This question is the most important when it comes to the purchase of infrared heaters. If one has decided for an infrared heater, and thus against other heating methods, the question is how many watts (power) does an infrared heater need for which room size.
The following are the most important bases for understanding this question to give a reasoned answer to this question
Which factors influence?
Room size as a factor
To understand how the required performance for a room is composed, it is necessary to have the basic values of an apartment.
The most important value is the volume, i.e., the size of the room. This can be easily measured and calculated; one should avoid estimating because usually the real size of a room is underestimated.
Number of external walls as a factor
The second important value is the number of external walls of the room. Exterior walls give off much more heat than walls that point to other rooms. In the best case, one profits even more effectively from the heating of the adjacent flat. The basic calculation of the required power is based on 1 to 4 possible outer walls.
Annual average temperature as a factor
The third important factor is now the average annual outdoor temperature. For this, you can simply for the place you live on the Internet or Atlas read the annual average temperature and thus get a reliable value for this temperature.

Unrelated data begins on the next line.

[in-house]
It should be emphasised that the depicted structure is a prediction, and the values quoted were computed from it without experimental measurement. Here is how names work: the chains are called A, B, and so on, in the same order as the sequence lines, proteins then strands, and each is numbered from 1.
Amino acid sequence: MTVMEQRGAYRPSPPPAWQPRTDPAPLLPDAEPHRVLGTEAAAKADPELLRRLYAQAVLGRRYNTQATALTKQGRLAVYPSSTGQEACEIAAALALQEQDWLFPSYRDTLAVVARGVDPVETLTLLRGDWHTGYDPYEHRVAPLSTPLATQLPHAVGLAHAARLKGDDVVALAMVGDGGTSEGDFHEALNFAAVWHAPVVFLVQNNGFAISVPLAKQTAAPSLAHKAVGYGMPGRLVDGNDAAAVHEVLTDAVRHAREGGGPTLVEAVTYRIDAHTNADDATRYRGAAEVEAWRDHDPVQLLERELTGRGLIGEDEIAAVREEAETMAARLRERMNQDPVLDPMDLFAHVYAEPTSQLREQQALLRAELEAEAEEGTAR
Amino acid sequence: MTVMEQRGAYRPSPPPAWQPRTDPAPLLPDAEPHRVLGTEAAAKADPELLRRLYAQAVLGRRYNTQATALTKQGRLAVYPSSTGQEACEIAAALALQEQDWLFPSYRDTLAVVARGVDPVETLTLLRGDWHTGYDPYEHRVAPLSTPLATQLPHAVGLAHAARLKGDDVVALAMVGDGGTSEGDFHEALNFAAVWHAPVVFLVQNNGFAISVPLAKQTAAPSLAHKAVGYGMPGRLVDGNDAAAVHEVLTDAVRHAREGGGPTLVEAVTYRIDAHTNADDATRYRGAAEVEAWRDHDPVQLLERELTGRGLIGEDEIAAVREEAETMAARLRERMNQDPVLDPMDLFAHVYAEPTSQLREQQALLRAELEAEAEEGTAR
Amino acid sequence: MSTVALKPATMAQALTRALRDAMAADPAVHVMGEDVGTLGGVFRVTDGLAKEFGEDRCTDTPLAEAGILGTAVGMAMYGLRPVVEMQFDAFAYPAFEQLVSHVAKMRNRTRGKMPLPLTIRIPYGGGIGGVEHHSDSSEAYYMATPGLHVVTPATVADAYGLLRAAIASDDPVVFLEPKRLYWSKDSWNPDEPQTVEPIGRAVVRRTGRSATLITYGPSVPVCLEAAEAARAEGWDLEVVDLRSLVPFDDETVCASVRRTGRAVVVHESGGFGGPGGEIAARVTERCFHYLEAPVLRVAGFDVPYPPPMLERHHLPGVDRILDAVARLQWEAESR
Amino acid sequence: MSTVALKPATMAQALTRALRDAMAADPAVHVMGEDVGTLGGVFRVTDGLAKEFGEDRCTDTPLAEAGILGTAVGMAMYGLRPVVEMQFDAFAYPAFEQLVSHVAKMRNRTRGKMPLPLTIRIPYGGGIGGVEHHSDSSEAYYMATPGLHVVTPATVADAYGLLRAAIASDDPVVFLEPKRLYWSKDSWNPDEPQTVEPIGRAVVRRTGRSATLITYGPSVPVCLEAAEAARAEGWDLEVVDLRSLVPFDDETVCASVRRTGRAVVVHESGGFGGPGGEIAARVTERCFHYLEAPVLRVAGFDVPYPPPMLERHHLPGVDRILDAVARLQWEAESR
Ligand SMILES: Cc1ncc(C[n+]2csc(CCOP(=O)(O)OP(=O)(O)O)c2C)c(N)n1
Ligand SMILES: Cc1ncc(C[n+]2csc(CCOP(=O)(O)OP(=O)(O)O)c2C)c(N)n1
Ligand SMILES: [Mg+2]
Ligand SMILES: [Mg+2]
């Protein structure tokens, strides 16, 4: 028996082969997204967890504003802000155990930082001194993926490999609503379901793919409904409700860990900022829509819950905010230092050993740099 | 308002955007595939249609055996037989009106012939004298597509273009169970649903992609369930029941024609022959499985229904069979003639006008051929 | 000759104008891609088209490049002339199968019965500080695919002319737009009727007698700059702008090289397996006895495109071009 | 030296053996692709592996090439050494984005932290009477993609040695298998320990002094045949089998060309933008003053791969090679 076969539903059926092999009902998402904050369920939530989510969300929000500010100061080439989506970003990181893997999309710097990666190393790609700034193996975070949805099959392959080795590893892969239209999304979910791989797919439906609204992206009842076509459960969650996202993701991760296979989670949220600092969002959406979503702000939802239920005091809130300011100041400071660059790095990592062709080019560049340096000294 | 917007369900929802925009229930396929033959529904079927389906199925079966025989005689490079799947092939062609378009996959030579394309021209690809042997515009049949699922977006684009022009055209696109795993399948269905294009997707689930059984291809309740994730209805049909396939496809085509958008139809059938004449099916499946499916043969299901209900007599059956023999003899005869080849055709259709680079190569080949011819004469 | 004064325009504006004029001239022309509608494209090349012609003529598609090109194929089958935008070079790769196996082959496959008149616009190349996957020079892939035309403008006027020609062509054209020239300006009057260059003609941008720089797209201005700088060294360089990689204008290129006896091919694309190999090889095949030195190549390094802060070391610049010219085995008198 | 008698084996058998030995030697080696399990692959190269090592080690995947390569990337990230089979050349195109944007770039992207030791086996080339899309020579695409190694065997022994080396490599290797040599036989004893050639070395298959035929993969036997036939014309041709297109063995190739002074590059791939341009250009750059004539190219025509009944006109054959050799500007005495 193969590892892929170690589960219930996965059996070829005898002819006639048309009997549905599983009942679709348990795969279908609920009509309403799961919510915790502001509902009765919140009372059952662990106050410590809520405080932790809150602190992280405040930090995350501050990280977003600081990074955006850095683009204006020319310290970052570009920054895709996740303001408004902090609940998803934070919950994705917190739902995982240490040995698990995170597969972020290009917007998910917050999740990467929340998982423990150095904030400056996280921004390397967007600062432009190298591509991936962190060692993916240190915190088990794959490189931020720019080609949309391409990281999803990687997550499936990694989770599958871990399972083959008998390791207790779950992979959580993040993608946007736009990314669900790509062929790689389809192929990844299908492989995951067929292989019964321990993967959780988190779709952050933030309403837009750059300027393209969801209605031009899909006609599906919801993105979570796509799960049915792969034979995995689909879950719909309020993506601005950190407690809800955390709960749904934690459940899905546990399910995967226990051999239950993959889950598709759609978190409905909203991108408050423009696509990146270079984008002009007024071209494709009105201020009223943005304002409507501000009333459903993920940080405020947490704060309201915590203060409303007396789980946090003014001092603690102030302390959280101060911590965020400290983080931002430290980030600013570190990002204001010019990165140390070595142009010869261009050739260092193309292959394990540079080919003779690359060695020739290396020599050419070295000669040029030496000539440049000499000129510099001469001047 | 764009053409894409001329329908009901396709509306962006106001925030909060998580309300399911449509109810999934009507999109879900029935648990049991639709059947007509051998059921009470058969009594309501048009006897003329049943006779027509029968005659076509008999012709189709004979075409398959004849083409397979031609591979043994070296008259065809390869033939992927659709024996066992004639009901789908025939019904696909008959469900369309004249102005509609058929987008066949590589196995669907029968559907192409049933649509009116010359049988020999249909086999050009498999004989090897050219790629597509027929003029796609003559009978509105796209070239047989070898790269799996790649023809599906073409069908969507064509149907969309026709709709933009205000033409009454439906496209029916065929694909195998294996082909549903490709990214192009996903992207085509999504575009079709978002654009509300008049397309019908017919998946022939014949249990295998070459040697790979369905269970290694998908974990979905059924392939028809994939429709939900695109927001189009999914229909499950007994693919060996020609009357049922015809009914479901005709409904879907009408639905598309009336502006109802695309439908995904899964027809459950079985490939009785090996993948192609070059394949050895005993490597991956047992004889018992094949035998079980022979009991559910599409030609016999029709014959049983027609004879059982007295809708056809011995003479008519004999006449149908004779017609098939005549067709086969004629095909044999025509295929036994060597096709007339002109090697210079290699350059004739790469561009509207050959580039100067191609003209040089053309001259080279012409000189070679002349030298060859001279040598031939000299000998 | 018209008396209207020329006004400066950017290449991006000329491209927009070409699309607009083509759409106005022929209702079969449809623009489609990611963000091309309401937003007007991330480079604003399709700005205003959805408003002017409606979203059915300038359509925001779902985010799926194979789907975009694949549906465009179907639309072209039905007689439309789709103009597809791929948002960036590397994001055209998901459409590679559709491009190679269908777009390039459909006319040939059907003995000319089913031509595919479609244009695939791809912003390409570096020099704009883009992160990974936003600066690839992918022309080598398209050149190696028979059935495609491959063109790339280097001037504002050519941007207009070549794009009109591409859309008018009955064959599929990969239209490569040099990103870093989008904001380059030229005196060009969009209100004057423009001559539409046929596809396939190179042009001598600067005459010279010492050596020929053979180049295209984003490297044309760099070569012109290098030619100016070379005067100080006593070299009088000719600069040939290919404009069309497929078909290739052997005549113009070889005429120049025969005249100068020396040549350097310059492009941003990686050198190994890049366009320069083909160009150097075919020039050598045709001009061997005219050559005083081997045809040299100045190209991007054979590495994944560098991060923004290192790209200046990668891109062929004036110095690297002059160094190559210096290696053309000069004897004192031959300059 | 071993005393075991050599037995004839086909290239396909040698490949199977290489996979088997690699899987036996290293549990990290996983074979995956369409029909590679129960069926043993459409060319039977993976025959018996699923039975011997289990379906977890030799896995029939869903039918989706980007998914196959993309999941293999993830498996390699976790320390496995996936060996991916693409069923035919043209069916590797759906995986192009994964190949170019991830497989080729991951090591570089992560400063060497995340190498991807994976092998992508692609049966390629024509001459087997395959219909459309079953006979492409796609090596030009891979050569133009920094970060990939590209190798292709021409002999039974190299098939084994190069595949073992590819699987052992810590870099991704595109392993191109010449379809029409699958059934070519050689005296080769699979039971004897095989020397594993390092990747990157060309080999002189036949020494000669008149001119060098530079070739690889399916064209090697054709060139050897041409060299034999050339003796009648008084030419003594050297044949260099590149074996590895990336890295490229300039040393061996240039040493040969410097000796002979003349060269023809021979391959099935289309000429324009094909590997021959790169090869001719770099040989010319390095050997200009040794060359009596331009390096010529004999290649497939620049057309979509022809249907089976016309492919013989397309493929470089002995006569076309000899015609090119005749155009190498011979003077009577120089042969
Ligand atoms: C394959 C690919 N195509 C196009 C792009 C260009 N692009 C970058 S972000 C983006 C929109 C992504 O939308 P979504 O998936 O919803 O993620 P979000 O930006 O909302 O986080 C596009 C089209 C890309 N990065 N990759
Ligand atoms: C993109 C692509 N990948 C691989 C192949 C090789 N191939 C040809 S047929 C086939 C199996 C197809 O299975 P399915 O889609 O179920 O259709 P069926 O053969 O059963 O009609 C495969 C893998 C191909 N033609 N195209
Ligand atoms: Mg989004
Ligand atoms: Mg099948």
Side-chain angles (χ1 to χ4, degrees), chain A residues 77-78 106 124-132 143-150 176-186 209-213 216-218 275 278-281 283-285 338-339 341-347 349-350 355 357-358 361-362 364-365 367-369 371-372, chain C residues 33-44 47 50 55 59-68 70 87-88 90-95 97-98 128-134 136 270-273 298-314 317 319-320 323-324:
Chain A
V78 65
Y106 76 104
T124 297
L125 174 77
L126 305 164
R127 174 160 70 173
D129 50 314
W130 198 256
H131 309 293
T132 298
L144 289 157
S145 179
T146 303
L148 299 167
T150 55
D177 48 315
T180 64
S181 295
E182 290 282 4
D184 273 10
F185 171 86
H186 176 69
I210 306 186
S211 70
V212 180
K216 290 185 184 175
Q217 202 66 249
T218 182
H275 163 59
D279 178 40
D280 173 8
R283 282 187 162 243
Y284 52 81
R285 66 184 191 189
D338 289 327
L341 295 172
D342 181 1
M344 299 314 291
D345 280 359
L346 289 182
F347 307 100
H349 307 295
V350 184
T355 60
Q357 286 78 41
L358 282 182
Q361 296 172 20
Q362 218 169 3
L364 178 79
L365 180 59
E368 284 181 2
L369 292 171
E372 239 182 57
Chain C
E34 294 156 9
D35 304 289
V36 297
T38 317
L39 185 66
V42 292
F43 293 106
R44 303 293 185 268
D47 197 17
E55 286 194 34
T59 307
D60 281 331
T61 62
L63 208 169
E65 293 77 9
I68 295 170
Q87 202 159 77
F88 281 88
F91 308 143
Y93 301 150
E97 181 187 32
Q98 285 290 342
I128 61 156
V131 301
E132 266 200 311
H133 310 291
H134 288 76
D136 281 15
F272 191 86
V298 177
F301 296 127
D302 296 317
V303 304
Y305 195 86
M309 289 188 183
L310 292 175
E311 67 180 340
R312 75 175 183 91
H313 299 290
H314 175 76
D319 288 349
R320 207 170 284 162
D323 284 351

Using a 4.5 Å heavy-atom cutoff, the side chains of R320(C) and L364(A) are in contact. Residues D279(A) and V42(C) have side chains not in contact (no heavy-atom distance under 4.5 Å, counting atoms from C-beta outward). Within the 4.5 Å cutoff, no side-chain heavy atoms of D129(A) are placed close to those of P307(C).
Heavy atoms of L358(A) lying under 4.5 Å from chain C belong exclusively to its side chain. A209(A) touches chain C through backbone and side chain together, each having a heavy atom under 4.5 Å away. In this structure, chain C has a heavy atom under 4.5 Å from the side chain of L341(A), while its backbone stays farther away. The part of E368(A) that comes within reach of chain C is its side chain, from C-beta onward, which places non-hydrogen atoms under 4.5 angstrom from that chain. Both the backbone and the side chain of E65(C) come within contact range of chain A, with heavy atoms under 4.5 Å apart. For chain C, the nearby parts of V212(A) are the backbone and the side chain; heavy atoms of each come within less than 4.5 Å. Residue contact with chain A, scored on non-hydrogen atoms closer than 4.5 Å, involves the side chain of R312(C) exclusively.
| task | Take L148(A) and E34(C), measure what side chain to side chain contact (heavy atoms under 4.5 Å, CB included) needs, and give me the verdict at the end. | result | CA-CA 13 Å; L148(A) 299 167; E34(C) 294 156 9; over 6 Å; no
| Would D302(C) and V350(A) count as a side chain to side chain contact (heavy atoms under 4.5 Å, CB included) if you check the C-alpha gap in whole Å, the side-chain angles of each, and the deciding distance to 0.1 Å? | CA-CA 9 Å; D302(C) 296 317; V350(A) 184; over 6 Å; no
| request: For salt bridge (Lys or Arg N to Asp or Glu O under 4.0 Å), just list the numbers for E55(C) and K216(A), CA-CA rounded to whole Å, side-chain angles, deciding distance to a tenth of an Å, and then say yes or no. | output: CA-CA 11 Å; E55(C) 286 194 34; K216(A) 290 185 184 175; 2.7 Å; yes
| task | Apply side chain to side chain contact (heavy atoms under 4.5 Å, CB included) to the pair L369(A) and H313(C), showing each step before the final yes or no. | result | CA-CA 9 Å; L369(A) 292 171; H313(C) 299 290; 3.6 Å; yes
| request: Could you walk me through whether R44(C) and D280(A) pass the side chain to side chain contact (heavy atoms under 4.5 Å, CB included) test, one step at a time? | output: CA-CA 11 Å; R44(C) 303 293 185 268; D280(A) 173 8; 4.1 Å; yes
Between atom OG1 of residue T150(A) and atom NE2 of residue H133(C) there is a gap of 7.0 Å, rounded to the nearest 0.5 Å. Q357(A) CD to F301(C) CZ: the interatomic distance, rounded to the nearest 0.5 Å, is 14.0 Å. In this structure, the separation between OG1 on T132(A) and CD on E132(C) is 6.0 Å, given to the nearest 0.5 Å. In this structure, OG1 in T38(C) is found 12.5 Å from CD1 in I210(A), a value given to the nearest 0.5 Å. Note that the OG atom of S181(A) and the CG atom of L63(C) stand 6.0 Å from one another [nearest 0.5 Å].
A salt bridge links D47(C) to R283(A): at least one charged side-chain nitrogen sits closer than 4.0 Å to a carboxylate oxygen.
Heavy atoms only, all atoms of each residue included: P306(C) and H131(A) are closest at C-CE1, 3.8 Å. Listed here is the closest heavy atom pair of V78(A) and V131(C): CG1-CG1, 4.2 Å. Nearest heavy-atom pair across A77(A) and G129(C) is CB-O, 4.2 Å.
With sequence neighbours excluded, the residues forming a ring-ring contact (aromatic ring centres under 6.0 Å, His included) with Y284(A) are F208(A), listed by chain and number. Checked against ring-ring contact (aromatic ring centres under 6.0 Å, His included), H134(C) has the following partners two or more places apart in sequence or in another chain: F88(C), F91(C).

K value as a factor
The last important factor is the so-called K-value. The K value indicates how much a component, in which case the walls and the windows, is thermally insulated, i.,e. How much heat is lost through this part? This value is given in Kelvin per square meter. Distinguishing between windows and walls is important.
The factors at a glance:
- Room size. The larger space, the more power is needed.
- Exterior walls. The more exterior walls, the more power is needed in the heating.
- Annual average temperature. The warmer the less power is needed.
- K-value. The larger the K-value of the walls, the more power is needed.
- Window. The more glass surfaces in a room, the more heating power is needed.
The example values refer to a room height of 2.5 m and a K value of 0.3 on the walls and 1.1 on the windows.
- 300 watts, up to 7 m², six m², five m², four m²
- 400 watts, up to 12 m², ten m², eight m², six m²
- 500 watts, up to 14 m², 12 m², ten m², eight m²
- 600 watts, up to 16 m², 14 m², 12 m², ten m²
[Output, heated room with one outer wall, two outer walls, three outer walls, four outer walls]